Every day around dusk the world’s smallest penguins waddle up on a stretch of coast near Oamaru, New Zealand
Is it possible to dislike penguins? There’s something universally adorable about them. Maybe it’s their waddling. Or their tuxedo outfits. Or how they are portrayed in popular culture, as in the wonderful March of the Penguins documentary.
Most penguin stories, including March, take place in Antarctica. However there are several other places on the planet to see wild penguins. At a few of those you can hop in the water and swim along side these friendly, feathered creatures. Here’s a look at our favorite:
When it is time for vacation and you go online to research ideas, it often happens that small things can make a big difference in choosing your destination.
Take, for instance, the tiny glowworm. The unusual creature is only about the size of a small mosquito. But when gathered in a large group, the glimmering effect the glowworms create can be worth traversing the globe for.
And you likely will have to traverse a large portion of the globe to experience the glow of the glowworm, unless you happen to live Down Under. That’s where the majority of glowworm habitats are located.
The very best place to go glowworm gazing? That’s inside the appropriately-named Glowworm Cave in Waitomo, New Zealand.
The last time Spot Cool Stuff flew into the international airport in Christchurch, New Zealand there was a big sign in the customs area that read WELCOME TO MIDDLE EARTH.
That was in 2003. The third installment of the Lord of the Rings movie trilogy was selling out in theaters worldwide. Word had spread that the filming location of Middle Earth in the three Rings movies — all the outdoor scenes from the volcanic landscape around Mordor to the lush green elven forest — were filmed somewhere in New Zealand. In fact, even the rings used as props in the movies were made in New Zealand†. And suddenly, New Zealand, on the fringe of the planet’s populated masses, became the center of travel for fantasy fiction lovers everywhere.
Then the hype around the movies faded into shadow (as they say). But its power is about to reemerge.
This is the second of our two-part look at the world’s best hostels, budget hotels and inexpensive guest houses as chosen by the users of the Hostelbookers website. Scroll down or click on the region you are interested in:
These days most airlines are cutting back on the amenities they offer. If they still have amenities to cut back on, that is. Airlines already without frills are resorting to increasing extra fees in their quest to make your flying experience increasingly horrible—Ryanair is even considering charging for bathroom use.
In this race-to-the-bottom environment we’re thankful that a small handful of airlines are working on a novel concept: increasing their level of service. Air New Zealand is chief among them. Starting later this year, on select long-haul routes, the airline will be introducing lie-flat seats in their economy class and improved seats in premium economy.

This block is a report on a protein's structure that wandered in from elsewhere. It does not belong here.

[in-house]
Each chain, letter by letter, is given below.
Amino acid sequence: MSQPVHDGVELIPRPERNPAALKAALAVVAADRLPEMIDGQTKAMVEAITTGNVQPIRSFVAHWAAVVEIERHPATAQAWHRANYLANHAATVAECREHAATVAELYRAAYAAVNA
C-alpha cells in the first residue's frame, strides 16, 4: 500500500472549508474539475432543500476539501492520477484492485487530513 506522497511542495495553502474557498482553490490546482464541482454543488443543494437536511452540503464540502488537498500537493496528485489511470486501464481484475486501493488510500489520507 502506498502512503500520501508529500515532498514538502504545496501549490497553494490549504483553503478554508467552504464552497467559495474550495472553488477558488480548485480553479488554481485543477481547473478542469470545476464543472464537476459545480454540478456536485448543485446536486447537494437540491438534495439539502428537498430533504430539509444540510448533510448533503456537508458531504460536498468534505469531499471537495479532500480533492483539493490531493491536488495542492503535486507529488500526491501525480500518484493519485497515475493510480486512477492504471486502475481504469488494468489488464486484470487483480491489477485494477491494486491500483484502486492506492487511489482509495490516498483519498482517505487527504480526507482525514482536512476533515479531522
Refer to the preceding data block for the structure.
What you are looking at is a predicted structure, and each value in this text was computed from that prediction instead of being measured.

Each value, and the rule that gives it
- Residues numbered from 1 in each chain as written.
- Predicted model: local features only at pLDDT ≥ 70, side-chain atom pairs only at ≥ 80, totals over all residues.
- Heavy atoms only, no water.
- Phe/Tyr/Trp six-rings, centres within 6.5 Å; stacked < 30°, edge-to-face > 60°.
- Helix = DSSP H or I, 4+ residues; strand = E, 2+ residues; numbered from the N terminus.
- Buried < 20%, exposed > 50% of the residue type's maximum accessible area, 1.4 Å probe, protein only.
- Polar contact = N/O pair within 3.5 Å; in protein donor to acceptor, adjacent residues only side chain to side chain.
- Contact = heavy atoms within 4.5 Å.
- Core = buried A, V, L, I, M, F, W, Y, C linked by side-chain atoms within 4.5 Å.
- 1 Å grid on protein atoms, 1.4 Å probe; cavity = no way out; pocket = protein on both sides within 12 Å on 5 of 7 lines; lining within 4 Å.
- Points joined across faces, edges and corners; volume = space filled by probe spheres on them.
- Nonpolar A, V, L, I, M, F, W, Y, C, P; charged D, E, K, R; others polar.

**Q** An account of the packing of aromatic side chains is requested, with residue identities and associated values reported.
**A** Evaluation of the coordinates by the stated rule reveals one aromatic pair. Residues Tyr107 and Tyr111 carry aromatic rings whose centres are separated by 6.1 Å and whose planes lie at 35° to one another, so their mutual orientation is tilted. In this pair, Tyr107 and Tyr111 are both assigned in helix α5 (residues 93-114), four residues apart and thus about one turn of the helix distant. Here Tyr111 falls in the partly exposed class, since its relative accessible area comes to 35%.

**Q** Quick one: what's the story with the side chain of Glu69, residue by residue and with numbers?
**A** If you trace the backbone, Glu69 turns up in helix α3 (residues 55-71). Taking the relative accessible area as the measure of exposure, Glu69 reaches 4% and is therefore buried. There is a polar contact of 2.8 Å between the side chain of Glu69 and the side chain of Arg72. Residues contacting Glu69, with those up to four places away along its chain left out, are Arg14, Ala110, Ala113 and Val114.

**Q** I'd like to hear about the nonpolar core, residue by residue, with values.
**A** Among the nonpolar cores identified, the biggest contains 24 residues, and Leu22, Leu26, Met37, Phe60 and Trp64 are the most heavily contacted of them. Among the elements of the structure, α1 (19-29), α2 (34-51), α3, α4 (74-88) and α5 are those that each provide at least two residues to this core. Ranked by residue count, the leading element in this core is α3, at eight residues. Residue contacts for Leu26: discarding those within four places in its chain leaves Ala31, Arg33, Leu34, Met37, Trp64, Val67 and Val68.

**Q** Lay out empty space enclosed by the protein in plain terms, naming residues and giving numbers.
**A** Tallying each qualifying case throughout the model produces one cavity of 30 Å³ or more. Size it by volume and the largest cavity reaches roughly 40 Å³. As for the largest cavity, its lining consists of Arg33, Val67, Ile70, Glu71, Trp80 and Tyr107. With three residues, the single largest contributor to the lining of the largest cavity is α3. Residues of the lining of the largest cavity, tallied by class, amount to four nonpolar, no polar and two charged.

At almost any bar in the world you can get a drink with ice. At a few you can get a drink in ice. While sitting on seats made of ice. At a table made of ice. Surrounded by walls made of ice.
The concept of the ice bar originated, logically enough, in Sweden where both water and freezing temperatures are abundant. These icy drinking establishments soon became popular around Scandinavia, partly because they combined two elements Scandinavians tend to embrace (cold and alcohol) and partly because these bars’ LED lighting, artworks of frozen water and and intimate settings made them great places to chill out. (Pun. Sorry.)
Today, there are more than two dozen ice bars around the globe including ones in Amsterdam, London, Poland, Canada and Alaska. Not all of these frozen saloons are in places with cold climes. Hence this Spot Cool Stuff overview of ice bars in warm places.
For the purposes of this review, a “warm place” is anywhere it doesn’t snow in the winter and regularly gets hot in the summer. So, the ice bar in Beijing doesn’t count. The one in Shanghai would have had it not recently closed.
All of the selections on this list, like most of the ice bars anywhere, charge an entrance fee to get in. Usually this fee includes one free drink and use of cold-weather clothing that is designed as much to protect patrons from the bar’s sub-freezing temperatures as it is to protect the bar itself from the patrons’ body heat. To help keep their establishments below freezing, ice bars also have strict limits on the number of people allowed in.
And with that, let’s kick back with a cold one and tour the world’s ice bars in warm places . . .
Waiotapu is Maori for "Sacred waters" but we think this place should have been named for whatever the Maori translation is for "Incredibly photogenic place."
If you’ve seen the Lord Of The Rings movies you’ve seen a glimpse what a beautiful country New Zealand is, with its awesome fjords, its stunning coast line, its dense forests and its Mountains of Mordor. What you didn’t see is that, after those long horse rides and rough battles, the citizens of Middle Earth are able to spend time touring geothermal sites and relaxing in hot springs. Here are our four favorite:
Not content to play host to merely one of the world’s unusual hotels Woodlyn Park, on New Zealand’s North Island, has three!